With a zoom I'd check the focus marks after setting the back focus, rather than setting it to the marks. With some zooms the markings can be out when the back focus is correctly set.

Michael explains that film lenses are adjusted on the bench. However, if they do go out of adjustment, you'll have the same problems as you'll have with a video lens.
  • 0

#4 Carl Brighton

Carl Brighton
  • Basic Members
  • PipPipPip
  • 222 posts
  • 1st Assistant Camera

Posted 21 January 2008 - 07:41 AM

why do the film cameras don´t need the back focus adjustment?

Because film cameras don't heat up much while running.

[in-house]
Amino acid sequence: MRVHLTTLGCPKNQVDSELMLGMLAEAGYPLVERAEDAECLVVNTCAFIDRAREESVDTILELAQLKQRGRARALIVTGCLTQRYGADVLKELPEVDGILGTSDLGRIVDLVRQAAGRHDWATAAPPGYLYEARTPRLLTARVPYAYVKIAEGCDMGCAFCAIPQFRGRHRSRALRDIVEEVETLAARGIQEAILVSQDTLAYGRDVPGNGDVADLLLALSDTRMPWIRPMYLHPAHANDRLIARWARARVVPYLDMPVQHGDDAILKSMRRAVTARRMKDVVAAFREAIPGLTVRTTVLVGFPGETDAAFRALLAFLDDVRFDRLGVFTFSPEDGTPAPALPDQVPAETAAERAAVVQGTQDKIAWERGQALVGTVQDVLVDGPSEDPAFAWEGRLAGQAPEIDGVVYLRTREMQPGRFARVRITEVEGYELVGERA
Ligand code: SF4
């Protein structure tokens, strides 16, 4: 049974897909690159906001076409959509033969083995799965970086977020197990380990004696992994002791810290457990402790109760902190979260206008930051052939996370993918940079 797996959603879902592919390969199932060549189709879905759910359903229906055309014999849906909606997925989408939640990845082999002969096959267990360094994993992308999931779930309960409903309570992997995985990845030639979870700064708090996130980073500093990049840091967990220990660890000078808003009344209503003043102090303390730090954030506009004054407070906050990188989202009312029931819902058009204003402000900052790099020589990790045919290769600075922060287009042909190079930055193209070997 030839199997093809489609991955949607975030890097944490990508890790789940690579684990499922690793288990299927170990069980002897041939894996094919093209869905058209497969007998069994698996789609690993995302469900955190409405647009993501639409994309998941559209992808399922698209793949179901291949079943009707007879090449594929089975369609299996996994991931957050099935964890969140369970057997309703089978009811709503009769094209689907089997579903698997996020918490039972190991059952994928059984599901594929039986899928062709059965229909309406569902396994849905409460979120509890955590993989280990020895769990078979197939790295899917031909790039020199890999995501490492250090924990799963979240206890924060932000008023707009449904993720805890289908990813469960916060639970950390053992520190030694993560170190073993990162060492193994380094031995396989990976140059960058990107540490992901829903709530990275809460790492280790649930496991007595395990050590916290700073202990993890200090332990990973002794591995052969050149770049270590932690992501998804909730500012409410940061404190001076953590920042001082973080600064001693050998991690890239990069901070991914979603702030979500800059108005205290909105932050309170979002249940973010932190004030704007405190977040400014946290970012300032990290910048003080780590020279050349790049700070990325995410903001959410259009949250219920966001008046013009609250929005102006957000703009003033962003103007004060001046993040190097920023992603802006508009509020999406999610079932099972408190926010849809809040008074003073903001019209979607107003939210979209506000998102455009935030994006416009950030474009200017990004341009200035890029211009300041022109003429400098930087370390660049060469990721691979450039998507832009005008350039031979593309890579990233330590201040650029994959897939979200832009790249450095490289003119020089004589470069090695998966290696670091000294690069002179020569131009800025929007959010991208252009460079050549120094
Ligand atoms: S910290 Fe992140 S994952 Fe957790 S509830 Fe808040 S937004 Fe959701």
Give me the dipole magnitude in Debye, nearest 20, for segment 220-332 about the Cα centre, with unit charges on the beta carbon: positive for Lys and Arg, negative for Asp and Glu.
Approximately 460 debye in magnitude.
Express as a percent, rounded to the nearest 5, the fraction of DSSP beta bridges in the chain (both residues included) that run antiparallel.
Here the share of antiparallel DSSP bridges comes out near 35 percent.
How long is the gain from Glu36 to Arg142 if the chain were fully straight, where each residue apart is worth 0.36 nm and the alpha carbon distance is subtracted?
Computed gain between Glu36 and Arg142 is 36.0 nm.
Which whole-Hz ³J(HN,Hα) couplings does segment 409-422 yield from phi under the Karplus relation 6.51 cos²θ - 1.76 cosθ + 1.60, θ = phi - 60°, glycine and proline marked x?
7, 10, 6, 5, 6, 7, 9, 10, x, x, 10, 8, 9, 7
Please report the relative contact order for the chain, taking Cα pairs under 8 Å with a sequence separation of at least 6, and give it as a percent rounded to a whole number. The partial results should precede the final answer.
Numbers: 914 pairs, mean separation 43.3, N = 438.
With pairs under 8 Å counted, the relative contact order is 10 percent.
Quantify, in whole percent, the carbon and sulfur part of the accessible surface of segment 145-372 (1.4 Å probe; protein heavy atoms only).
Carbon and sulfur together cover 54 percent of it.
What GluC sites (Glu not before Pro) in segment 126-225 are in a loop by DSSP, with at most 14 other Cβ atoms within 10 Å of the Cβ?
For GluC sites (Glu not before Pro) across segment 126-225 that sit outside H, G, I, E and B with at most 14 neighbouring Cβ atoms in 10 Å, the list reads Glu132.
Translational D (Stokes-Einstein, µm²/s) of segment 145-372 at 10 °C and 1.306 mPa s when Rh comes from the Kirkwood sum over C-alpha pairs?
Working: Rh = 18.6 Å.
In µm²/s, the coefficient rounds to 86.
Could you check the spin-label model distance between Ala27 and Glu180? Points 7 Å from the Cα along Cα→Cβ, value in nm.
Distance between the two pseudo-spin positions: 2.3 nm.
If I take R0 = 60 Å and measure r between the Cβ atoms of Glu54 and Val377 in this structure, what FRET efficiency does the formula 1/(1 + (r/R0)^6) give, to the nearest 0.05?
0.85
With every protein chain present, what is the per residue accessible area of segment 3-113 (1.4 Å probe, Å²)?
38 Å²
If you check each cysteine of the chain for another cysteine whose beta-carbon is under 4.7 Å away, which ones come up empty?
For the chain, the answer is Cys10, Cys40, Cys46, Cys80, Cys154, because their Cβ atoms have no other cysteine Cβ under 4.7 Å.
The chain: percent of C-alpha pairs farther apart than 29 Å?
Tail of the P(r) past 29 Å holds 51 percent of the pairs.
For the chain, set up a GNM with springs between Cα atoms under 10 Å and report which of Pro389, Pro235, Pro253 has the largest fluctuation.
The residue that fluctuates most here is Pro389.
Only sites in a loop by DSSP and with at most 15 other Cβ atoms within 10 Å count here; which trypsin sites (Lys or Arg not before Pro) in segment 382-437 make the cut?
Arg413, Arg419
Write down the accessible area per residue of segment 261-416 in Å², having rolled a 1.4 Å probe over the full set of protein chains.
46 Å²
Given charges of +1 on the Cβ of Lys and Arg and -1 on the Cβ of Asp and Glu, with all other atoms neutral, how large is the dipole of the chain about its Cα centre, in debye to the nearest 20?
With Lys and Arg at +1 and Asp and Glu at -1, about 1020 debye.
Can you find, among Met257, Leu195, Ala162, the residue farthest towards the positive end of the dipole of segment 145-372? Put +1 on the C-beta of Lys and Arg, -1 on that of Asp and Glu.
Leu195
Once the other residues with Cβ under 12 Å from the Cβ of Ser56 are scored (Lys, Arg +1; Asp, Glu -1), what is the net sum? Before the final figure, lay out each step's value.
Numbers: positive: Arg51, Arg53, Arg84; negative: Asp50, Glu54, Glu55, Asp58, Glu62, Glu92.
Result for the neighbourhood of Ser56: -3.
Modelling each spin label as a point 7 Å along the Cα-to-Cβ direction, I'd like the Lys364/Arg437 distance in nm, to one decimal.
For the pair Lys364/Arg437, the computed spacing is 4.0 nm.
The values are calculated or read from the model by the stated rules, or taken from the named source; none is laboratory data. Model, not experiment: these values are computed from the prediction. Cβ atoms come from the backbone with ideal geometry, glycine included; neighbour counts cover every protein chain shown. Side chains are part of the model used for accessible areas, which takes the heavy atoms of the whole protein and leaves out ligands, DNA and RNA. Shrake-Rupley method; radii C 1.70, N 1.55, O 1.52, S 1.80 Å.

A video camera has to be running all the time if you want to look through the viewfinder, and so it gets hot..
A film camera does not, because it has an optical viewfinder which works whether the camera is powered up or not. The only time the film camera uses much power is when it's actually shooting.
If film cameras heated up like video cameras they would need the back focus adjustment.
  • 0

#5 Jess Haas

Jess Haas
  • Basic Members
  • PipPipPip
  • 139 posts
  • Cinematographer
  • Santa Monica, Ca

Posted 21 January 2008 - 04:50 PM

Back focus tends to be more critical on video cameras because they use smaller imagers. The smaller imager means that you are shooting at shorter focal lengths which inherently have a shallower depth of focus. Depth of focus refers to the image being projected onto the imager and is NOT the same thing as depth of field.